(My Kyrgyzstan story and photos were first published in TheBlot Magazine, Wall St., New York, in 2014. The magazine’s owner–a Wall St. billionaire–is currently in serious hot water with the FBI. That’s another story. I had an out-of-this-world trip in Central Asia thanks to Travel Experts.)
Hop on the Magic Carpet: Visiting Kyrgyzstan is like taking a magic carpet ride back in time to when Marco Polo’s caravans traveled the Silk Road and met Kublai Khan. The Kyrgyz Republic (a former Soviet Republic) exists mostly within the Celestial Mountains (the Tien Shan mountain system). It borders China, Kazakhstan, Uzbekistan and Tajikistan. This is not Kar-bomba-stan, so don’t let the “stan” scare you from having a cultural adventure of a lifetime in nomads’ land.
Vodka Guzzling Muslims?: Most of the Kyrgyz people are Muslim, but their beliefs are mixed with shamanism and also atheism which was enforced by the Soviets. The women aren’t veiled and are educated, vodka is enjoyed by many (mostly men, though) and going to a mosque is occasional for most.
Bride Kidnapping Saves on Wedding Bills: At the National Horse Games held in Kyzyl-Oi, Janarbek (a young man from the Sayak tribe) approached my translator Janarkul and asked her if she’d compete in the Capture the Girl competition (also known as “kiss the girl”) because they were short a competitor. The game smacks me in the face with the real-life tradition of bride kidnapping which, although made illegal in 1991, still happens in Kyrgyzstan, but not to westerners. Sergey Gluhoverov and Cholpon Soodaeva, at Travel Experts, told me that Kyrgyz nomad men want demure women who are skilled at making fermented horse milk and felt. Janarkul tentatively asked me if I minded if she competed in the games — of course I didn’t mind.
Tribe Pride: Janarkul is from the clan Taz and the tribe Sarbagysh. She can draw her family tree (nomadic clans) back to around 1276 by memory, and then she can connect her tribe to the original Kyrgyz tribes. She told me that most Kyrgyz can do this. Like Janarbek, she is from a small village of just four clans. She’s comfortable in the saddle, but riding in the games is a bit like being asked to compete in the Olympics when you haven’t been training. Jana has spent the last five years away at school where she is a fully granted student at the Turkish university in Bishkek.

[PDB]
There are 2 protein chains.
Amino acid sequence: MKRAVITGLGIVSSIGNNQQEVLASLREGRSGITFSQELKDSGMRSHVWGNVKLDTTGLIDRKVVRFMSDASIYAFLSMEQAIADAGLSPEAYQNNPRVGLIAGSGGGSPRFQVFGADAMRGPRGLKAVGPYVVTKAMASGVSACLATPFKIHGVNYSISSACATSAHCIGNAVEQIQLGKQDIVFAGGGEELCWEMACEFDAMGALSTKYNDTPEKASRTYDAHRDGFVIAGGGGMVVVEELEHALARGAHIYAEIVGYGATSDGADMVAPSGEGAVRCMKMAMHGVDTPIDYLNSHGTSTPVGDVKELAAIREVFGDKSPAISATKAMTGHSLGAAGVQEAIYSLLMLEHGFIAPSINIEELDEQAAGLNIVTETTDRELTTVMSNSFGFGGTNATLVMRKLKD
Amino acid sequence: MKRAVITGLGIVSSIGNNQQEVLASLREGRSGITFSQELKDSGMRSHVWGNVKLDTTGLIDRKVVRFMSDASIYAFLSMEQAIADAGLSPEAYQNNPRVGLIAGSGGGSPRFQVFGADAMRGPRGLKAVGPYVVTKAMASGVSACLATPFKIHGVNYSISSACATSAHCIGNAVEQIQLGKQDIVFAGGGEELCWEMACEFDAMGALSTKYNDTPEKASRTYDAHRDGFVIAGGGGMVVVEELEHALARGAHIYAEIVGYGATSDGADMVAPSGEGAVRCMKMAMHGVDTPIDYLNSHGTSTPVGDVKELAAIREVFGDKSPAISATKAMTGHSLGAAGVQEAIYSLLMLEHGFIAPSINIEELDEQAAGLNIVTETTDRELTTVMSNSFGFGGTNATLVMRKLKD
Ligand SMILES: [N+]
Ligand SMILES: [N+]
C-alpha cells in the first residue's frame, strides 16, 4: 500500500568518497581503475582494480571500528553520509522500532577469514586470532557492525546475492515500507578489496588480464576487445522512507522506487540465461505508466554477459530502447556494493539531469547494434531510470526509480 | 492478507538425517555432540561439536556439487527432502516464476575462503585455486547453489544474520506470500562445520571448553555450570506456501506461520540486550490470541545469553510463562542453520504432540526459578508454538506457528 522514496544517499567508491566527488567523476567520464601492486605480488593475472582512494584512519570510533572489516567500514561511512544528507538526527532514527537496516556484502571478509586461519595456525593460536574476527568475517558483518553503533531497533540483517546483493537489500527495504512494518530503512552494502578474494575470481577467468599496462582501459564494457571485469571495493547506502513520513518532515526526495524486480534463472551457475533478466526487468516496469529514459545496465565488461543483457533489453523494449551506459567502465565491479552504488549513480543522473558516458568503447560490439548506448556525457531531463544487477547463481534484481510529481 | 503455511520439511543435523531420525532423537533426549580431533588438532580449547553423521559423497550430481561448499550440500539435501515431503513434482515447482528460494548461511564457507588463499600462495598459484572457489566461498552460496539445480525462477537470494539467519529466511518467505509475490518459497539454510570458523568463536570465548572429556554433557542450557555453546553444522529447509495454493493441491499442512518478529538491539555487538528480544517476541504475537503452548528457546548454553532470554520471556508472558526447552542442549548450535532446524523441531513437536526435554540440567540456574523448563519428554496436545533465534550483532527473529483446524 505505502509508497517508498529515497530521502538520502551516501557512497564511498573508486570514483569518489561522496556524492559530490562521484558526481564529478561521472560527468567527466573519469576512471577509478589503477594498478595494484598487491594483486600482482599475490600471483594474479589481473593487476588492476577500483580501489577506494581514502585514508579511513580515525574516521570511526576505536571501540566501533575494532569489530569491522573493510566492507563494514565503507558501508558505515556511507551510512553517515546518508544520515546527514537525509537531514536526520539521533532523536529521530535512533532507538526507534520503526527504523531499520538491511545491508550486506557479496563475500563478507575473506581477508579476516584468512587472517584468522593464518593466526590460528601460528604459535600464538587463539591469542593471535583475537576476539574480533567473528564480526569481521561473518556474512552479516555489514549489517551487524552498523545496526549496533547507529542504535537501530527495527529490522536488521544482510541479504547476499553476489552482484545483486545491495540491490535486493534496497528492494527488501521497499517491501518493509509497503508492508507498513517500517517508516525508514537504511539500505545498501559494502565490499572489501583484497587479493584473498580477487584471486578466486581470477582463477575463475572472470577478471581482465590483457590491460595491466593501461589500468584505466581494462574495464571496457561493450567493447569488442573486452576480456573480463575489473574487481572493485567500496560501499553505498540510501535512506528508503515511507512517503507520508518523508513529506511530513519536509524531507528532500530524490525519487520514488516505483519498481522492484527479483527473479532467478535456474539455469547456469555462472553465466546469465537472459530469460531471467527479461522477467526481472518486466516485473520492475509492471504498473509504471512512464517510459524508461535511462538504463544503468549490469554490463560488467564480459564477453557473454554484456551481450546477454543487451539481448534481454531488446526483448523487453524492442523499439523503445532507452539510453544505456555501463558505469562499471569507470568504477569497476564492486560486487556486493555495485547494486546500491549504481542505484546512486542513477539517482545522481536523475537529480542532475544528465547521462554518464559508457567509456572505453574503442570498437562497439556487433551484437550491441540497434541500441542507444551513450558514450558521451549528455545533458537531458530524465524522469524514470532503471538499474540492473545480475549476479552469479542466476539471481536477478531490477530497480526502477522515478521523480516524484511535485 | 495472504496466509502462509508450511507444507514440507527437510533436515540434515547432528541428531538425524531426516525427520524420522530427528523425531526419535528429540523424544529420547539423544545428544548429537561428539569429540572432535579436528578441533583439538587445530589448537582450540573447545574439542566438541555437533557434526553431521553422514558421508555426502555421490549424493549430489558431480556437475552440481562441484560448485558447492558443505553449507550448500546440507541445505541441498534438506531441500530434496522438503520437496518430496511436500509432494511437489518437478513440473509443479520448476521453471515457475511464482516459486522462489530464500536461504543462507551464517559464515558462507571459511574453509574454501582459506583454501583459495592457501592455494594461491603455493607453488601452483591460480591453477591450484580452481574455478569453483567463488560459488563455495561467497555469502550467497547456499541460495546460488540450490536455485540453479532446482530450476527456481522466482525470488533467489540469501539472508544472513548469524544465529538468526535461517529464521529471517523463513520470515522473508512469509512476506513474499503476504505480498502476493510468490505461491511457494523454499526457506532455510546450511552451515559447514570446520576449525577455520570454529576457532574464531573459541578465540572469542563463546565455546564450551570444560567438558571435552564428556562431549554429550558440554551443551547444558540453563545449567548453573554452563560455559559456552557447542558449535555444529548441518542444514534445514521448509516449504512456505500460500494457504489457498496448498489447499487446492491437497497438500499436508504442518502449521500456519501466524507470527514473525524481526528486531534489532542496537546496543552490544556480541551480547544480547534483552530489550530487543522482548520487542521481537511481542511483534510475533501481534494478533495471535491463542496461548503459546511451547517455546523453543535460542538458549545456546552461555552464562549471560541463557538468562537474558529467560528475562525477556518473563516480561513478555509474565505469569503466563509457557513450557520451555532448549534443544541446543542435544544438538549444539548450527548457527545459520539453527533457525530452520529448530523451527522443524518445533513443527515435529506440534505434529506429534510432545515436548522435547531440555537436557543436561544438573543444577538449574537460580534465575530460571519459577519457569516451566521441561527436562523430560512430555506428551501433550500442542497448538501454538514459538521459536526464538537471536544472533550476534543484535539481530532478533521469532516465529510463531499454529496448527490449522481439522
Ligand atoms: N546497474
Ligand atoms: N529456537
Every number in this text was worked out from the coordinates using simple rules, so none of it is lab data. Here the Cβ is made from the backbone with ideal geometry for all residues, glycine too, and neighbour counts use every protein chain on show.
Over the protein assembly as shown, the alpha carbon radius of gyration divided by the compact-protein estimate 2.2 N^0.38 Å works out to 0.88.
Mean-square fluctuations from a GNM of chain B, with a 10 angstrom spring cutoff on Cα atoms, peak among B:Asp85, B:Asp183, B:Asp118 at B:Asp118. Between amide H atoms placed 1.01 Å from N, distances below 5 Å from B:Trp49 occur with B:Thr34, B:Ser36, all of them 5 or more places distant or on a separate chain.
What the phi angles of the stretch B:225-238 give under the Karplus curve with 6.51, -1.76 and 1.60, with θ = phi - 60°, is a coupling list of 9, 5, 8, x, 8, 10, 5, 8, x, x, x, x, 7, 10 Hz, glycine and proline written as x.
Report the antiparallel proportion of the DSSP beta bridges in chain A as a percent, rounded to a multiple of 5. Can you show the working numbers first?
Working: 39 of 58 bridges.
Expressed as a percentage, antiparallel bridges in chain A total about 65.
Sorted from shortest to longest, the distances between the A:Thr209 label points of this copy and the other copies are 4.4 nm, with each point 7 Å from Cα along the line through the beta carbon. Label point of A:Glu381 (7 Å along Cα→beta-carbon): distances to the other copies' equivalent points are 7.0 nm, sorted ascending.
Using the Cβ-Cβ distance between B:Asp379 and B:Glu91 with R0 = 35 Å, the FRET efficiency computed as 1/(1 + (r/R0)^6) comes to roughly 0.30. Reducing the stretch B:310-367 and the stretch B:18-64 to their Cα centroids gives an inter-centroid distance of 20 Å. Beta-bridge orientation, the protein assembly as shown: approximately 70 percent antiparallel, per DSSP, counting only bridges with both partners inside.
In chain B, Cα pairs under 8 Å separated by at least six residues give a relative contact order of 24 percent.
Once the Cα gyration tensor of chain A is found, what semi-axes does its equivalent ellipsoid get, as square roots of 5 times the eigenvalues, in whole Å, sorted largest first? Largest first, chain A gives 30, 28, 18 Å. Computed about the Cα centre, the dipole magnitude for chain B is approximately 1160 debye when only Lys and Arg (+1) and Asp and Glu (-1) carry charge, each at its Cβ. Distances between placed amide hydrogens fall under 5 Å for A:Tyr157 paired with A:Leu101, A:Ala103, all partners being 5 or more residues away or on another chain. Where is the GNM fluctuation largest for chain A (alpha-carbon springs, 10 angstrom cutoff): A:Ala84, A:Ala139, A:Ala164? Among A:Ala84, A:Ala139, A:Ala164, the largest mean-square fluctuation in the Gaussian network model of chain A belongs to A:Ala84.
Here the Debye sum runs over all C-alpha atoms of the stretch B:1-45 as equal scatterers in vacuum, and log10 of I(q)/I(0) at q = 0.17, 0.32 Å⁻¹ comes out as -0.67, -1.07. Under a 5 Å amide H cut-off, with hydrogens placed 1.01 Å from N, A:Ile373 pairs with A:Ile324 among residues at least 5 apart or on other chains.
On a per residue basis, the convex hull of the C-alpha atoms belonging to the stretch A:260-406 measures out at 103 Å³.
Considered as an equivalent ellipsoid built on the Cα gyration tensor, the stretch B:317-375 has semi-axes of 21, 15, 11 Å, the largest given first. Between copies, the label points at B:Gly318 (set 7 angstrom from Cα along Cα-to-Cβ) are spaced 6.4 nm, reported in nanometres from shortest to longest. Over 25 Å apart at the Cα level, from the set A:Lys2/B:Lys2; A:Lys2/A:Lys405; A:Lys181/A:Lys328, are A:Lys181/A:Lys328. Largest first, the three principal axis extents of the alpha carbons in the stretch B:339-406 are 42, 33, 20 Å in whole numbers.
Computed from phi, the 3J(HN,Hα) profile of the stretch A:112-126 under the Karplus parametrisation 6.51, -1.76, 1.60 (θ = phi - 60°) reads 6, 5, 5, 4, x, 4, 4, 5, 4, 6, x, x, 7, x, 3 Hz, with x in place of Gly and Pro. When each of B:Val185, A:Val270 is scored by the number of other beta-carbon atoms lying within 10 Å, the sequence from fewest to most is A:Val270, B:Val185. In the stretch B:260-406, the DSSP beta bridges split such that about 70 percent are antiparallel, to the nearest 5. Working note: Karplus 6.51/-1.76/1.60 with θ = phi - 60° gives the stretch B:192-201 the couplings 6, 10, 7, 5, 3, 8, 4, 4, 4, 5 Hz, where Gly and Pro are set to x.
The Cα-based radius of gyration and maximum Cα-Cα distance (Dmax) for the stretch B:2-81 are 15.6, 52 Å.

Punch the Boy: Janarkul didn’t speak Turkish before attending the university. She speaks Kyrgyz, Russian and English and had to learn Turkish in her first year. The determined 20 year old told me before the competition that she was not going to be captured and was going to try to leave Janarbek kissing the air, however, she intended to catch him in the second part of the event — “punch the boy.” Her efforts left her bruised and sore, with a prize of cash and chocolate bars — and also with an invitation to compete again next year.
Fermented Horse Milk: The still-popular traditional drink of the Kyrgyz people is kumis, fermented mare’s milk. It’s drunk in such vast quantities that it could be considered a staple. Although kumis is often compared to kefir, unlike kefir, kumis has a mild alcoholic content which is due to the higher level of sugar in a horse’s milk. The milk is always fermented since, when fresh, it is reputed to be a laxative. People unused to even the fermented version might find adverse effects and many vomit after trying kumis, so you might want to rein back the temptation to chug it. The first and last time I sampled kumis, it had been fermented in a smoked goat’s stomach. The alcohol content of kumis is not high enough for me to make the after-effects worth acquiring a taste for the pony cocktail.
Galloping Gourmet: Nomads prize their horses above anything else, thus, it might seem unusual that the Kyrgyz also consume the flesh of horses. When my translator first showed me the pictured sausages and said they were horse, I thought I was looking at stallion manhood, but they’re horse-fat and horse-meat sausages. Horses are only killed for feasts for important events such as funerals. At a whopping 800 Som for 2.2 pounds (around $15 U.S.), horse sausages are a special occasion sausage.
No Fast Food Here — We’re Kyrgyz: There aren’t any western fast food chains in Kyrgyzstan yet, but modernization might be just around the corner as in 2015 Russia wants Kyrgyzstan to join its Customs Union (Putin’s version of the EU — though some joke that it is an attempt by Putin to put the Soviet Union back together again).
Eat, Prey, Kill: Artsan Sagymbaev (of the tribe Bugu and the clan Jalgap) keeps his family’s tradition alive. He is a 6th generation eagle hunter in Bokonbaeva (a village of eagle hunters) on the shores of the salt lake Issyk-Kul. An “eagle hunter” means hunting with an eagle, not hunting for eagles. Artsan proudly showed me his eagle Saryeiji’s kill from the previous winter; his 8-year-old female bird had caught an 88-pound bobcat.
Got Your Goat: Kok-boru (which means “grey wolf”) is a rough horse game which originated as a nomad hunting exercise. To the untrained eye, it looks like a scrum of rugby players wrestling on horseback between two goals, but the players all have positions and jobs, such as guarding the pin (the goal). Good players have national celebrity status and remarkable horse skills. The players need to be able to pick the “ball” (a dead goat) off the ground while in their saddles, ride with the cumbersome and heavy game-piece and wrestle it from other players. A goal is scored when the goat is stuffed into the pin, a small hole inside a larger ring in the opposing team’s end zone.